In 718 is a heat-treatable hardenable alloy. Because of its excellent fatigue resistance and corrosion resistance at a high temperature of 650°C, it has been used in the aerospace, aerospace and nuclear industries for decades. Therefore, this alloy has been used in the early development of additive manufacturing (AM) of metal alloys. Although intensive research has been conducted to achieve optimal performance, it is still feasible to control the grain structure established during solidification. This is essential. The solidified microstructure has a great influence on performance and processing. The spacing of the primary dendrite arms, grain size and grain texture will affect the yield strength, fracture toughness and high cycle fatigue life, while the refined equiaxed microstructure will increase the resistance to solidification cracks.
Different strategies have been proposed to control the grain structure produced by solidification. In contrast to conventional casting, AM can handle process parameters such as input energy, scanning speed, and establishing strategies to establish thermal conditions that promote equiaxed grains, namely low temperature gradients and rapid solidification fronts. Along this route, the most successful solutions rely on preheating the substrate, mainly in electron beam melting (EBM) technology, and are predicted to be used in other technologies such as direct energy deposition (DED) and selective laser melting ( SLM)) may be effective. This solution is usually associated with a high energy input that helps to establish a low temperature gradient. It seems more difficult to determine the overall trend of scanning speed, because the relationship with the speed of the solidification front is far from direct.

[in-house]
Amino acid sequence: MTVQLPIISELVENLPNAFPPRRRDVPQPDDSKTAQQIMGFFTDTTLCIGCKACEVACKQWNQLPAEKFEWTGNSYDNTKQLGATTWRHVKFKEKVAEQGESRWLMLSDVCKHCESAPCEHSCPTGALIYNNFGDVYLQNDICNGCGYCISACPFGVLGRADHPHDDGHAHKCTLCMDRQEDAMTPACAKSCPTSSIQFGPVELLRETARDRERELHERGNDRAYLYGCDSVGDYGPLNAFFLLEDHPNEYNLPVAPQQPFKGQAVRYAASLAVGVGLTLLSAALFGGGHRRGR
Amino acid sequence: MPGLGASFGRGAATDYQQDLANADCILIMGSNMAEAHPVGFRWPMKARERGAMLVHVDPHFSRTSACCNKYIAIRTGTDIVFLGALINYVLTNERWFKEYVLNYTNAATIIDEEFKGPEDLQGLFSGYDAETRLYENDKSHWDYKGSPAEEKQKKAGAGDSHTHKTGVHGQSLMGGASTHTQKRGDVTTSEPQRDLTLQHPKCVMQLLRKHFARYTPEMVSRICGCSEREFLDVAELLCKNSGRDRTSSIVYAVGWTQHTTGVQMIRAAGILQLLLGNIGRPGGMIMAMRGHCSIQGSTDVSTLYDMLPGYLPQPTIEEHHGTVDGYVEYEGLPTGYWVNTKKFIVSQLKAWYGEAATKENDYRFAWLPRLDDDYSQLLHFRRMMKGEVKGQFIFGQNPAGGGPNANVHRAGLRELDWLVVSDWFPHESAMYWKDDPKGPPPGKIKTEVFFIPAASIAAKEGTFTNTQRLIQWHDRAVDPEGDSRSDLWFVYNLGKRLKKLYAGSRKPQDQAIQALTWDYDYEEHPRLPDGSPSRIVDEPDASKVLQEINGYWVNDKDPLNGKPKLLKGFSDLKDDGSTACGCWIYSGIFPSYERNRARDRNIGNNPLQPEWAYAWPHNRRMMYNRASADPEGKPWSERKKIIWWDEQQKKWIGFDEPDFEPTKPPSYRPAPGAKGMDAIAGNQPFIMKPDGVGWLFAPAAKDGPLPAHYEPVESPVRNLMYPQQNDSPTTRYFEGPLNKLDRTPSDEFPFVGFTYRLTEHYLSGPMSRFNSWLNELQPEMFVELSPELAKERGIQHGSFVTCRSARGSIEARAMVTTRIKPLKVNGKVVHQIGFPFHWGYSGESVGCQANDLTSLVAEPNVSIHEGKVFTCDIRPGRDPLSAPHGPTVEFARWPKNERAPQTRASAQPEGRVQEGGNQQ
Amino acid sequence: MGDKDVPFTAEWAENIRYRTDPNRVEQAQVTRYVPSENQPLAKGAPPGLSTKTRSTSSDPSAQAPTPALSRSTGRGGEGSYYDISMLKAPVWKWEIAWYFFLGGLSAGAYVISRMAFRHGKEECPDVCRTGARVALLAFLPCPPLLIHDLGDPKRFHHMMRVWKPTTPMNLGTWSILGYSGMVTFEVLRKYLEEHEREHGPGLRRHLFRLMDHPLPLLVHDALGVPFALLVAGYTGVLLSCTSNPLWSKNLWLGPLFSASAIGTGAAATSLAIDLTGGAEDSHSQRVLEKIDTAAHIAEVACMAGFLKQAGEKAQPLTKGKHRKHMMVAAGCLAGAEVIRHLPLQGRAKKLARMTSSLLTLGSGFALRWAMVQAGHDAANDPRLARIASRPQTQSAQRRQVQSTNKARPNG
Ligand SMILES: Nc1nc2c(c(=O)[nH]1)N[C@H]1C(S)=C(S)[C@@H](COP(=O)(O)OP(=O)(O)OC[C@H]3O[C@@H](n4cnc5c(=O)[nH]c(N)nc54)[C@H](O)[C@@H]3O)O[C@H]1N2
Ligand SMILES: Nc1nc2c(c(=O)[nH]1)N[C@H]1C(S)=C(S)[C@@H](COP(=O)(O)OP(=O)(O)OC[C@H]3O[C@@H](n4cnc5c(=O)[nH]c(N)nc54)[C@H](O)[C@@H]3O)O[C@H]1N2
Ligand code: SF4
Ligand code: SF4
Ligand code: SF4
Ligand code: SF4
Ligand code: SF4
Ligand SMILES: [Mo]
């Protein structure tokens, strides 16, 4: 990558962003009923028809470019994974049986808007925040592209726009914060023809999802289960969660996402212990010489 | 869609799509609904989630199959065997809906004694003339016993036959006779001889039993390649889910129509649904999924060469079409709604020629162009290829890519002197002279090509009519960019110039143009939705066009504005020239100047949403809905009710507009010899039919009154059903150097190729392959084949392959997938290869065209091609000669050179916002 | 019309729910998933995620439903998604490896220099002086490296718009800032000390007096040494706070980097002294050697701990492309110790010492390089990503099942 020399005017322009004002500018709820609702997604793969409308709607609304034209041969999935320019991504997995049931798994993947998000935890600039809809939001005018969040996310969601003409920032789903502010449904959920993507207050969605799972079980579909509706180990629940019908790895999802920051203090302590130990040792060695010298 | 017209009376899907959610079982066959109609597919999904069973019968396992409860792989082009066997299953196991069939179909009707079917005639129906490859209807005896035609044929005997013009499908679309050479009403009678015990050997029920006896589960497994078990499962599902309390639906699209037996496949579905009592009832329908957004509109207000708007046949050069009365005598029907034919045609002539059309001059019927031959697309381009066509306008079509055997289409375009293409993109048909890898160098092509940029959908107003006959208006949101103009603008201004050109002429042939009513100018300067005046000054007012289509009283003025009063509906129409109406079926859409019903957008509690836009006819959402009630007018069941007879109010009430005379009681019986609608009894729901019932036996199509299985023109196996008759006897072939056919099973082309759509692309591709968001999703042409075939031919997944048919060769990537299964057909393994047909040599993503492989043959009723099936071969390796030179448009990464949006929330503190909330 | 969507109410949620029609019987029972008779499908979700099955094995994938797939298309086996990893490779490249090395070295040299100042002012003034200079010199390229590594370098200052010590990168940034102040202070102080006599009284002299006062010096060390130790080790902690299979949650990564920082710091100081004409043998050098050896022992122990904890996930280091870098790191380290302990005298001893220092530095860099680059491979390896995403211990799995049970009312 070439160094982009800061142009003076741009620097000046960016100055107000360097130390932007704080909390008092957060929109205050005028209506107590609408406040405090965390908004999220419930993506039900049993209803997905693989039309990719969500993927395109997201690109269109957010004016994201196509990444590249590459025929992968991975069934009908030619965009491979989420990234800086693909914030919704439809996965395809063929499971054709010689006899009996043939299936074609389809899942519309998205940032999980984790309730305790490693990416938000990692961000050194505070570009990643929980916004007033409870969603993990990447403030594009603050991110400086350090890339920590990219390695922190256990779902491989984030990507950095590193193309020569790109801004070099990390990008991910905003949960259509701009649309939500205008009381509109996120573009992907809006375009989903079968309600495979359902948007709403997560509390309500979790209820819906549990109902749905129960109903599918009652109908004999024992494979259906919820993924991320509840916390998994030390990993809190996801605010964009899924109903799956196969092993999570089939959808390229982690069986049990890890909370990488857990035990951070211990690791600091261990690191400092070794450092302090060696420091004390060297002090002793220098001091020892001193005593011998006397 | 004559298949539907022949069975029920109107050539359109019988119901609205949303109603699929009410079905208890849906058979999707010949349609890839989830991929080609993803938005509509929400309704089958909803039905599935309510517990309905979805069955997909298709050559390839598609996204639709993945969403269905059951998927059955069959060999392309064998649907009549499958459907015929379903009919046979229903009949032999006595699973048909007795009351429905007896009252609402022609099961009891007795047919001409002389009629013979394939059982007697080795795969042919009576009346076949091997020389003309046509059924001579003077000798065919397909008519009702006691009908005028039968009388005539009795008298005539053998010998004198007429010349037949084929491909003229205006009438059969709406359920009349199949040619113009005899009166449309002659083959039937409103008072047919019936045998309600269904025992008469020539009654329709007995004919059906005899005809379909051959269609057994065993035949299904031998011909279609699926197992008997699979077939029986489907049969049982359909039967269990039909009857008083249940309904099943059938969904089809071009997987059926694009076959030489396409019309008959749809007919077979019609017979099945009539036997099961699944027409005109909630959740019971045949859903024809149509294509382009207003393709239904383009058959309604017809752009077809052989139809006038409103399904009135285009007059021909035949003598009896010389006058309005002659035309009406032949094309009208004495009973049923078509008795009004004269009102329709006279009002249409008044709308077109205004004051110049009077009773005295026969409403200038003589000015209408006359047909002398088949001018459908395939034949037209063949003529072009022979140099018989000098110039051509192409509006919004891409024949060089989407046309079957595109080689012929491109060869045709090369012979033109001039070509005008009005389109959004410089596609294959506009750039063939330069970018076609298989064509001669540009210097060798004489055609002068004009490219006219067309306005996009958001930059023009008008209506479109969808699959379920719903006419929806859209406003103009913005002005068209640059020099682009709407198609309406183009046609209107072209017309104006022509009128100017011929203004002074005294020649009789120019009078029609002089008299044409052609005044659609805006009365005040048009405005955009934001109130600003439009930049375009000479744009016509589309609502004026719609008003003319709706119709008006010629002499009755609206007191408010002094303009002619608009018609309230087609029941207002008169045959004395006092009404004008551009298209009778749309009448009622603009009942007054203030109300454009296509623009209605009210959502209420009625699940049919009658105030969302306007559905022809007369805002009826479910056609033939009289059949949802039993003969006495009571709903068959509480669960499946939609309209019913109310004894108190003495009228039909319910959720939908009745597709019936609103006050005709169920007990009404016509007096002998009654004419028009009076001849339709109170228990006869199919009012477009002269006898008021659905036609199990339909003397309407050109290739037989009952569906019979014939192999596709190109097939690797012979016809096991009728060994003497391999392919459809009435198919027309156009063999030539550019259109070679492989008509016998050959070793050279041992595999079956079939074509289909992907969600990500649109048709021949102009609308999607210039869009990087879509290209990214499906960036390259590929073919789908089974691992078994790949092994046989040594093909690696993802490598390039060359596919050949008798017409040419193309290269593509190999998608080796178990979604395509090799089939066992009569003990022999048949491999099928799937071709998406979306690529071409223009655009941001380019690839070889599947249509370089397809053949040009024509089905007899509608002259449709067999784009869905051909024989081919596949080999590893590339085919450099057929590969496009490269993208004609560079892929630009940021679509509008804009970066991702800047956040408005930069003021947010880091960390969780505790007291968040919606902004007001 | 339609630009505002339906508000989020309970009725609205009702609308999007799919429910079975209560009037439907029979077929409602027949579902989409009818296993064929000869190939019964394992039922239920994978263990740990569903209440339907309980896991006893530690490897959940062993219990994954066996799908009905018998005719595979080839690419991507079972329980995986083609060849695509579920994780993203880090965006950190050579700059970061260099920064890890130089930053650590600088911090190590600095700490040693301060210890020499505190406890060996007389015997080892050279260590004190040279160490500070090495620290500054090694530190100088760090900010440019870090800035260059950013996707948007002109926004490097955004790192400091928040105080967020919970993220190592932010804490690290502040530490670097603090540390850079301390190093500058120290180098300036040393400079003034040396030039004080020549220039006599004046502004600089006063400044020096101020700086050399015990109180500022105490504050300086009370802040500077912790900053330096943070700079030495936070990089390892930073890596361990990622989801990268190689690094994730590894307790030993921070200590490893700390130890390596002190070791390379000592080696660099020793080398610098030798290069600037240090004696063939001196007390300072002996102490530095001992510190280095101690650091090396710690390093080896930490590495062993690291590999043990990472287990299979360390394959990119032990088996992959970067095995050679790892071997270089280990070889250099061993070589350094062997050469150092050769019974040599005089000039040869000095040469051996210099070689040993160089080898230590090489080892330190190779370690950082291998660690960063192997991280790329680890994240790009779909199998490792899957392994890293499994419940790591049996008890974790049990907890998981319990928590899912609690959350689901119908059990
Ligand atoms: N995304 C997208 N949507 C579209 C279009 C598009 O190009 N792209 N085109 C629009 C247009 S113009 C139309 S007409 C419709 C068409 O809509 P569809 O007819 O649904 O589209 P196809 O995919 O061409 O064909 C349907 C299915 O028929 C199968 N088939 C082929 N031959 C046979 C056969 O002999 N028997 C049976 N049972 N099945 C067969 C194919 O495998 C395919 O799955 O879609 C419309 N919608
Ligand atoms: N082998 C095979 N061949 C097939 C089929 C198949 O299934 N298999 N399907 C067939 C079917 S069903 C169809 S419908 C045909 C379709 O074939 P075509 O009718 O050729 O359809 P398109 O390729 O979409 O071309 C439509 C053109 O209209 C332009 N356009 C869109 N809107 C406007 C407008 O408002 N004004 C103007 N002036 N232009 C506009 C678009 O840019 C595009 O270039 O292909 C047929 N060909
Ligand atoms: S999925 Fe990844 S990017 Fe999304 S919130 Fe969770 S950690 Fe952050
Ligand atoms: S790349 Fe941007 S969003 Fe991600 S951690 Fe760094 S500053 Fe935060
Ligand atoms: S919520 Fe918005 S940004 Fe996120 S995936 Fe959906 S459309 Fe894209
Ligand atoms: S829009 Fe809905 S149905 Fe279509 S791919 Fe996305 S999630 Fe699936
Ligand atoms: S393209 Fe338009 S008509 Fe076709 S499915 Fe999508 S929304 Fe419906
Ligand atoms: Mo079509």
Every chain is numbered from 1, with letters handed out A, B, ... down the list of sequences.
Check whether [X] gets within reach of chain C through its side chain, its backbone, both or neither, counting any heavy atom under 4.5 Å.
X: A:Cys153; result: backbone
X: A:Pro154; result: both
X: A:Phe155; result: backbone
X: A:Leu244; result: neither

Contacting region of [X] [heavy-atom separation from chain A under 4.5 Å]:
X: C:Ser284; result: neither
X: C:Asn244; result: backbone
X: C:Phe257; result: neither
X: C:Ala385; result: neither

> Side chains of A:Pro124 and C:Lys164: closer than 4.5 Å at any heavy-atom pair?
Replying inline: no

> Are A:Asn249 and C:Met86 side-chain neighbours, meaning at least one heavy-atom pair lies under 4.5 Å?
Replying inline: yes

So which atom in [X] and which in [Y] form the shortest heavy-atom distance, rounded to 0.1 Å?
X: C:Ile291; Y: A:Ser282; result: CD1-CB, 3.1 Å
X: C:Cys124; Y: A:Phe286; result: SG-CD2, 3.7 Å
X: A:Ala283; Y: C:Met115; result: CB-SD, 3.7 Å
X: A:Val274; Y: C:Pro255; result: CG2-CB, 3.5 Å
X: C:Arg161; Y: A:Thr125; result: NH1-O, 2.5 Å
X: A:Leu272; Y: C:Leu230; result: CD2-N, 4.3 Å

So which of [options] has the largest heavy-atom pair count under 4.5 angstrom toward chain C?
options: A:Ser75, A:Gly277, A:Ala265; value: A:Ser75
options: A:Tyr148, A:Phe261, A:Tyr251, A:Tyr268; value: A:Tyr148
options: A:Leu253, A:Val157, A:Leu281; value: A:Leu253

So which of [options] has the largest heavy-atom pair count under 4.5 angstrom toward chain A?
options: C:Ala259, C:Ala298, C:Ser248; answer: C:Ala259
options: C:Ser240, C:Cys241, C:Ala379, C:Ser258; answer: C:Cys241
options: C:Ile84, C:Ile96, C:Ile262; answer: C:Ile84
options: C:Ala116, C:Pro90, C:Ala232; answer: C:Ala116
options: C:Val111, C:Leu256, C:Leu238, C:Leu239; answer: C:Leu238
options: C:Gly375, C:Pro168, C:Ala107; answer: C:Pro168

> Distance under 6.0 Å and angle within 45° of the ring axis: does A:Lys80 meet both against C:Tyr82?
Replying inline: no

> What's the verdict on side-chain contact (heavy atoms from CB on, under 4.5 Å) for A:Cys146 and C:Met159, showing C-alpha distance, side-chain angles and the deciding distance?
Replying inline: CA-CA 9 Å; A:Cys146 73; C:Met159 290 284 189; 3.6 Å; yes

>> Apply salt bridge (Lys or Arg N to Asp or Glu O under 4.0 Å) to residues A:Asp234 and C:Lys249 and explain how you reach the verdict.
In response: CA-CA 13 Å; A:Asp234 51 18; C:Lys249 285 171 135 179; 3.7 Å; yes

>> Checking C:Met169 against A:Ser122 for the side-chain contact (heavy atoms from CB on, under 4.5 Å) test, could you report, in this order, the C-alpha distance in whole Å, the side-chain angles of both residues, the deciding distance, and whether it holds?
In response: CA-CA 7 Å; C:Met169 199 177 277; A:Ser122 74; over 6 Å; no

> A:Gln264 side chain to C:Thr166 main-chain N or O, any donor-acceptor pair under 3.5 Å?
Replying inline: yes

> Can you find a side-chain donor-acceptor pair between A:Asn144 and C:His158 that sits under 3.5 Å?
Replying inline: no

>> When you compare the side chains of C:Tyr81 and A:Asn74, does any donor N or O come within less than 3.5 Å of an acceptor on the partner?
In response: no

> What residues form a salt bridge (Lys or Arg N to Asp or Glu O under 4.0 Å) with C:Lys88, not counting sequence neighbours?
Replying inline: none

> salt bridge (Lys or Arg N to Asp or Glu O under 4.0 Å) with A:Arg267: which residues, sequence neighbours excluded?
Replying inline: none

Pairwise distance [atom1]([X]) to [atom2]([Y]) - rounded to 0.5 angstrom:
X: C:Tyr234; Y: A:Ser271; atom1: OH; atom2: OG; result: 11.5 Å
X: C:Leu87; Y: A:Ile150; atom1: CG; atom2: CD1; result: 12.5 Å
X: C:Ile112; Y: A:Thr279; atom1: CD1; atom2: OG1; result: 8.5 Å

In 718 is additively manufactured by laser line coaxial process. Multiple isometric belts were observed in the sample. According to detailed EBSD analysis, it has been shown that equiaxed grains are produced by ISRO-mediated nucleation mechanism, which was previously only observed in Al-based and Au-based fcc alloys. It is expected that the icosahedral symmetry derived from the EBSD analysis of the fcc phase originates from the rapid remelting of the previous layer, thereby providing a metastable configuration in the liquid, which is conducive to the nucleation of the fcc phase. These results open up new prospects for the additive manufacturing of nickel-based alloys.
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